Having written 13 books about a family of orphans living in fear, Lemony Snicket (A Series of Unfortunate Events) pens a triumphant picture book in which a boy conquers his fear of the dark. Jon Klassen (This Is Not My Hat) makes us believe the dark is alive, and Snicket gives voice to it.
"Laszlo was afraid of the dark," the book begins. Klassen exploits the interplay between light and dark, as the hero looks nervously at the window, where the sun sets in the rosy rectangle of a window frame. The boy and the dark are the sole characters in the book. The light plays off the staircase in rectangular blocks as the darkness increases its dominance. Snicket's sparest statements cause the scariest effects: "Sometimes the dark hid in the closet. Sometimes it sat behind the shower curtain." Laszlo stands atop the basement stairs and says, "Hi, dark...." Maybe if Laszlo visits the dark, then the dark won't visit him. But, of course, the dark does.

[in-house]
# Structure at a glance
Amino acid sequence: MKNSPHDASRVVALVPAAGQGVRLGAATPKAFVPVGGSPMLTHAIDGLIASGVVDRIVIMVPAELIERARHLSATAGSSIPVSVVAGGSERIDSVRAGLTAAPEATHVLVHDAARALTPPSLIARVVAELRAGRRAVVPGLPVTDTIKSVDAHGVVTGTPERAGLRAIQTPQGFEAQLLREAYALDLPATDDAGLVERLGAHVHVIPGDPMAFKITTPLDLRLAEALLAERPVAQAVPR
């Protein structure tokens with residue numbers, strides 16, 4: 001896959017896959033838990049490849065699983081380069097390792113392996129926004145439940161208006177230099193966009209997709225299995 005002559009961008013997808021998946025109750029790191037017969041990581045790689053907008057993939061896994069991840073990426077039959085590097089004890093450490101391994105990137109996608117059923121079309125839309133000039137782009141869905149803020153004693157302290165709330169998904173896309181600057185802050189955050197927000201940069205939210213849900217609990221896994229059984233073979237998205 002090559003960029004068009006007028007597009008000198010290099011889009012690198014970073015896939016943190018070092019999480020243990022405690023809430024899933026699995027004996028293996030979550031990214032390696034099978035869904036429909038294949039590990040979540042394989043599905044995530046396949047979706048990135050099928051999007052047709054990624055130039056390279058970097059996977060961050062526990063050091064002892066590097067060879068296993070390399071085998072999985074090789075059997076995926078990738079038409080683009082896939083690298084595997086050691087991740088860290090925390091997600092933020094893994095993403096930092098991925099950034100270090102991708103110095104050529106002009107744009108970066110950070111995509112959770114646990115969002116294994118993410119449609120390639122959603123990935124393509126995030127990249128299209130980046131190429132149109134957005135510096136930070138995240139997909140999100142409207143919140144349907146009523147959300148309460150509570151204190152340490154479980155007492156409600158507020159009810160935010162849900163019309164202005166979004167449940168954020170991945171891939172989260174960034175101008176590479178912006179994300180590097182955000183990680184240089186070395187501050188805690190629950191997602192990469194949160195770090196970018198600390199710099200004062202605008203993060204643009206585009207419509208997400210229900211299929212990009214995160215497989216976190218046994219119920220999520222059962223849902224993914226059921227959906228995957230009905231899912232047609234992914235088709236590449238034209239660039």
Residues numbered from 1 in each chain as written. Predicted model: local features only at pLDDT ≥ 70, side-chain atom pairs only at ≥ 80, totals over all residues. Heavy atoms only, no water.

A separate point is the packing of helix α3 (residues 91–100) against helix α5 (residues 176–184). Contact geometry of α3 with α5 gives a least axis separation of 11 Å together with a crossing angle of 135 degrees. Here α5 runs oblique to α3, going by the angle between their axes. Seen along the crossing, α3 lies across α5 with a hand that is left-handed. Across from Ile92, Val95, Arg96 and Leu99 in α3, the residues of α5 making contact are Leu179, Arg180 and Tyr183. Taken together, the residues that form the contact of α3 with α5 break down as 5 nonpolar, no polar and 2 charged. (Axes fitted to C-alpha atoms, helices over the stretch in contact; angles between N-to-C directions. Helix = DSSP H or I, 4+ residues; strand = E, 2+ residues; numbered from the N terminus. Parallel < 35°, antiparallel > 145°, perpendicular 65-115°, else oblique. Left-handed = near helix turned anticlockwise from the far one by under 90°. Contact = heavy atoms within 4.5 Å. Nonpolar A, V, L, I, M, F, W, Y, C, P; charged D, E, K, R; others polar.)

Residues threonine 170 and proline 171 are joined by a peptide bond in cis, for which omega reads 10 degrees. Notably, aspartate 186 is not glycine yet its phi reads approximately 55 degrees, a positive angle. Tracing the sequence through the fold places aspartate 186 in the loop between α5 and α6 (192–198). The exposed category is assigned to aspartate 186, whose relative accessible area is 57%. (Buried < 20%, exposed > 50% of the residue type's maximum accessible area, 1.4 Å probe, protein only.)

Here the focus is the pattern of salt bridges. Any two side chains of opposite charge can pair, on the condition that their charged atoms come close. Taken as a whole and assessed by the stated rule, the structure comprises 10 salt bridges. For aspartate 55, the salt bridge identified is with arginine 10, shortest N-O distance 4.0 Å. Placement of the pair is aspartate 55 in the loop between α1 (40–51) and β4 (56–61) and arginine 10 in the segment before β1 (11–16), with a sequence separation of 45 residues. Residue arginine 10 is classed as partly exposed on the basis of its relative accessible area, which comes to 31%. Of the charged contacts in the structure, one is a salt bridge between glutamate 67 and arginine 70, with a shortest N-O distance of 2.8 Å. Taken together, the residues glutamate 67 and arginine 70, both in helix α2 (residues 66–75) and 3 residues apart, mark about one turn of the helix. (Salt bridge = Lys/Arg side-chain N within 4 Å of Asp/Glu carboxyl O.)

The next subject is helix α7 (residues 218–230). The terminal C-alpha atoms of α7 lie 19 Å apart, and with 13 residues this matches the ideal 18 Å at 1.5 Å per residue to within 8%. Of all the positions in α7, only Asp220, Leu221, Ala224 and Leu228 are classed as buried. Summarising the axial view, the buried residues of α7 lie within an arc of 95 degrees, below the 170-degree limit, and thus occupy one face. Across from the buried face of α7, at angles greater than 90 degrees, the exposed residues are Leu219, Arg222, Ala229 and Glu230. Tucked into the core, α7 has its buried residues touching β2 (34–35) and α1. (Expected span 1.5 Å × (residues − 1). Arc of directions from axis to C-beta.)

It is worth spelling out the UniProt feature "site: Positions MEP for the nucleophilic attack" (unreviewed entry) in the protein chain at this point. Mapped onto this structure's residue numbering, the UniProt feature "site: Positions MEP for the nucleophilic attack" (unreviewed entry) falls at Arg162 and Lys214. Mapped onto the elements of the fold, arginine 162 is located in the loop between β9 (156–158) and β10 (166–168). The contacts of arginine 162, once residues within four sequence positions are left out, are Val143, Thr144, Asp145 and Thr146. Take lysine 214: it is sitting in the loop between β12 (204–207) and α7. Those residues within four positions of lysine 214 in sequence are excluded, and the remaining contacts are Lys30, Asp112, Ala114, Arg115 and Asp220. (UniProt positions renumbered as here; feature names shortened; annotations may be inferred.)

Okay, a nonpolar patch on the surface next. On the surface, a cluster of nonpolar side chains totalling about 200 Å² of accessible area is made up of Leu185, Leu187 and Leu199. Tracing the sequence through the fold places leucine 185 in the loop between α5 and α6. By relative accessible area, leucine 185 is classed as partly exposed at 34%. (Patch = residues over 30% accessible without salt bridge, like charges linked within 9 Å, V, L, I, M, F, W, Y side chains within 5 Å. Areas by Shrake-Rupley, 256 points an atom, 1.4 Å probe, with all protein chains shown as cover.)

Snicket and Klassen build to a well-earned victory for Laszlo, synchronized exquisitely between text and artwork. By the end, Laszlo ventures as far down as the second landing on the basement stairs; he will be just fine. --Jennifer M. Brown, children's reviews editor, Shelf Awareness